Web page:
The power of nice

John Scalzi, SF author, once quipped:

The failure-mode of clever is asshole.
Indeed, he is not wrong. I bring this up because when sysadmins get together and a new person comes along with really basic, not researched at all questions, the response is often sarcasm and mocking. And sometimes riffing on the mocking in increasingly clever ways.

The ServerFault chat-room transcript has examples of this scale most days. Most often it's the "Jeez that guy is a putz" kind of gripe, but sometimes it expands into more then that. Compared to IRC, ServerFault is a very nice place, but we still have our moments of withering scorn. As a moderator I see more of the withering scorn as those answers and comments earn flags (yay!). However, even when folk are being nice it can be very discouraging to new entrants.

An example is this question.

The asker is looking to set up a server infrastructure for an undisclosed application and asks several questions around that topic. It's clear from the question that they haven't dealt with this kind of problem before.

The first comment states this kind of question can't be answered here and gives a very broad reason.

The second comment, by the author and after the question earned a pair of down-votes, asks for down-voters to explain their reasons (a common gripe among new-ish people who are earning downvotes, as it happens).

The third comment ups the snark ante and denigrates the experience of the asker in the process.

That's where I found it this morning. Rather than let it get closed as 'argumentative' or let the comment-snark get out of hand, I dropped an answer on it explaining, in detail, why this kind of question is not able to be answered on ServerFault and what more information would be needed to answer it at all. I used neutral tones. It did the job, since the snark stopped and as of just a minute or two ago the asker marked that answer as accepted.

Even though the full extent of their question couldn't be answered, by taking the time to answer what could be answered, and describing what is needed to answer the rest of it, the original poster learned things. And importantly learned more than just, "you don't know enough yet, come back when you do."

Sometimes, you just gotta expand "It depends."

In the comments, Holocryptic pointed me to an article I fully intended to link to but couldn't find. Kyle Brandt, of ServerFault/StackOverflow fame, posted to the ServerFault blog back in October 2010. The topic touches on a lot of what I mention above.

Go read it.


In looking at that specific question, I don't find anything particularly wrong with it, other than it is a bit broad. Other than that, it is a well thought out question.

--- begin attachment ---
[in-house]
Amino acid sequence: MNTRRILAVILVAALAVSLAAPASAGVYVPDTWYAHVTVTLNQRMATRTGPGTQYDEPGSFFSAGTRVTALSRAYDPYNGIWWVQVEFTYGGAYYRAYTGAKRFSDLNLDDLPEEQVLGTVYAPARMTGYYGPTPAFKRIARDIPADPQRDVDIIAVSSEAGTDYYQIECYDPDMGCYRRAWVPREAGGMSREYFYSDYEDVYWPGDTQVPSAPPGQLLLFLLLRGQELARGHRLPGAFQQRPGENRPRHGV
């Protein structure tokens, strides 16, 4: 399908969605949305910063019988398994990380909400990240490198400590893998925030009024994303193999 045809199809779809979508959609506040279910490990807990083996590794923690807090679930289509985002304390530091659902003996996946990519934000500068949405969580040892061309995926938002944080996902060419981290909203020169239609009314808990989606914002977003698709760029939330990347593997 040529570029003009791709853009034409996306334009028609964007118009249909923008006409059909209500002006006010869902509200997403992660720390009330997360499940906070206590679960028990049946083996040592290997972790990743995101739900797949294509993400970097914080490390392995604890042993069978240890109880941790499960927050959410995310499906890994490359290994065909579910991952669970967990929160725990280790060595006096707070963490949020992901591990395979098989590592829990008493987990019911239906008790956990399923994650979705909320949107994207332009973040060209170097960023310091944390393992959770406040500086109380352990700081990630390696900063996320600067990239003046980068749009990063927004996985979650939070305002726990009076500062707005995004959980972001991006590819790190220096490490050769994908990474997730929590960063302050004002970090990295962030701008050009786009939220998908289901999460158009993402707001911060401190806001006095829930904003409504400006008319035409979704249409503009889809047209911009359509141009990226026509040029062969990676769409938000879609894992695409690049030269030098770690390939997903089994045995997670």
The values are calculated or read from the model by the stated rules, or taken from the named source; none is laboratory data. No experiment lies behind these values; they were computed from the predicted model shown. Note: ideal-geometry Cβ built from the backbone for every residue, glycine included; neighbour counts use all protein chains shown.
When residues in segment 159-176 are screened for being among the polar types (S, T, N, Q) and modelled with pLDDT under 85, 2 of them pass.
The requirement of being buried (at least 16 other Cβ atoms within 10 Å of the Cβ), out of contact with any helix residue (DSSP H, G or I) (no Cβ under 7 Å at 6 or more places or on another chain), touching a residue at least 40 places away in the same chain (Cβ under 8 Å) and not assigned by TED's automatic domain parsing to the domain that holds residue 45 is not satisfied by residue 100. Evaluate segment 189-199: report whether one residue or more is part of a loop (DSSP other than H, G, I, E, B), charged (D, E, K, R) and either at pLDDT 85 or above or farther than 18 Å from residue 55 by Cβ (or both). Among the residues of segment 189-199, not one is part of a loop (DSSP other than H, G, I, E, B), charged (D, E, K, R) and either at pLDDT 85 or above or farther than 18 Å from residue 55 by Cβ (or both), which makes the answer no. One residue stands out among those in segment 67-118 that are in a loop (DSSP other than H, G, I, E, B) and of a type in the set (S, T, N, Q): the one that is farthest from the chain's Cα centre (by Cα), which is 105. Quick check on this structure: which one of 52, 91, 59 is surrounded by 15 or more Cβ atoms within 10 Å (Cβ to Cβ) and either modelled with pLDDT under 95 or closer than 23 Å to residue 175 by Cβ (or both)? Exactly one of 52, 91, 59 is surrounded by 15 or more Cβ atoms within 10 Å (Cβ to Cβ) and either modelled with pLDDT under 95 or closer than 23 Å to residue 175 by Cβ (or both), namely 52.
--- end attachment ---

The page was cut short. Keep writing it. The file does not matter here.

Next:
Personally, what brings out my snark more than anything isn't ignorance; frankly, I feel like I'm the most ignorant of the "regulars" of SF. But then again, I'm my own worst critic, and the things I tell myself are a couple orders of magnitude greater than what I leave as comments to others. No, it's not ignorance so much as a lack of effort and/or a lack of thought. In my opinion, a lack of knowledge is no excuse for intellectual laziness, and that's what sets me off.

You do bring up a valid point however. In fact, I've been wondering if we've been jumping the gun on questions that could have been left open (perhaps with some judicious editing). As it is, I'm trying to think hard about casting a vote to close a question. It's kind of funny, really. Before I had the ability, I was quick to say, "Yep, close it." Now that I can vote for that outcome, I'm hesitant to pull the trigger so quickly.

I think you're right with your theory. Also, the fact that you're up at 0600 on a Sunday eating breakfast boggles my mind. It's Sunday... which means sleep in time!

Great blog post & thank you for taking the time to educate one and all, i.e. 'noobs' and 'cynical hacks' alike :-)

The serverfault forum/social thing is an exceptional place.

Hrmmm... I seem to be coming here a lot. On a related note to your post, I found something similar in Kyle's post (I swear, I wasn't looking for more comment fodder)

I know I've been guilt of getting snarky with questioners at times. I find there are three primary modes of provocation:
The questioner who has not put any effort into the question and want an answer (commonly these questions are short, might get close NARQ, and lack the necessary details to provide a proper answer). Those who forget that the Answers come for free, that we have no duty and receive no compensation (directly) for effort put into answering the question (this is usually related to the first point). The most egregious, is when the questioner demonstrates the attitude that System Administration is trivial; there is no value in experience, knowledge, and that minimal effort is required to obtain acceptable results.I don't walk into my doctor's office and demand to be treated for free, without telling them what's wrong, or with an attitude that it should be incredible simple for them to treat any affliction.

Perhaps it is a side effect of Internet communication; that unless writings are carefully crafted to convey both the message and tone intended, the reader can easily misinterpret either. I try to take naiveté and simple ignorance in stride; but frequently it comes across as willful ignorance or contempt. The question you reference seems to fall in the gray area; I feel the questioner's comments are shoving to to the dark side however.

I can only hope that your Power of Nice has influenced this questioner, helping him realize the complexity and breadth of his question. I fear that the spoon-feeding may reinforce his perception that system administration is easy however; potentially setting him up for failure (including any clients/users he serves).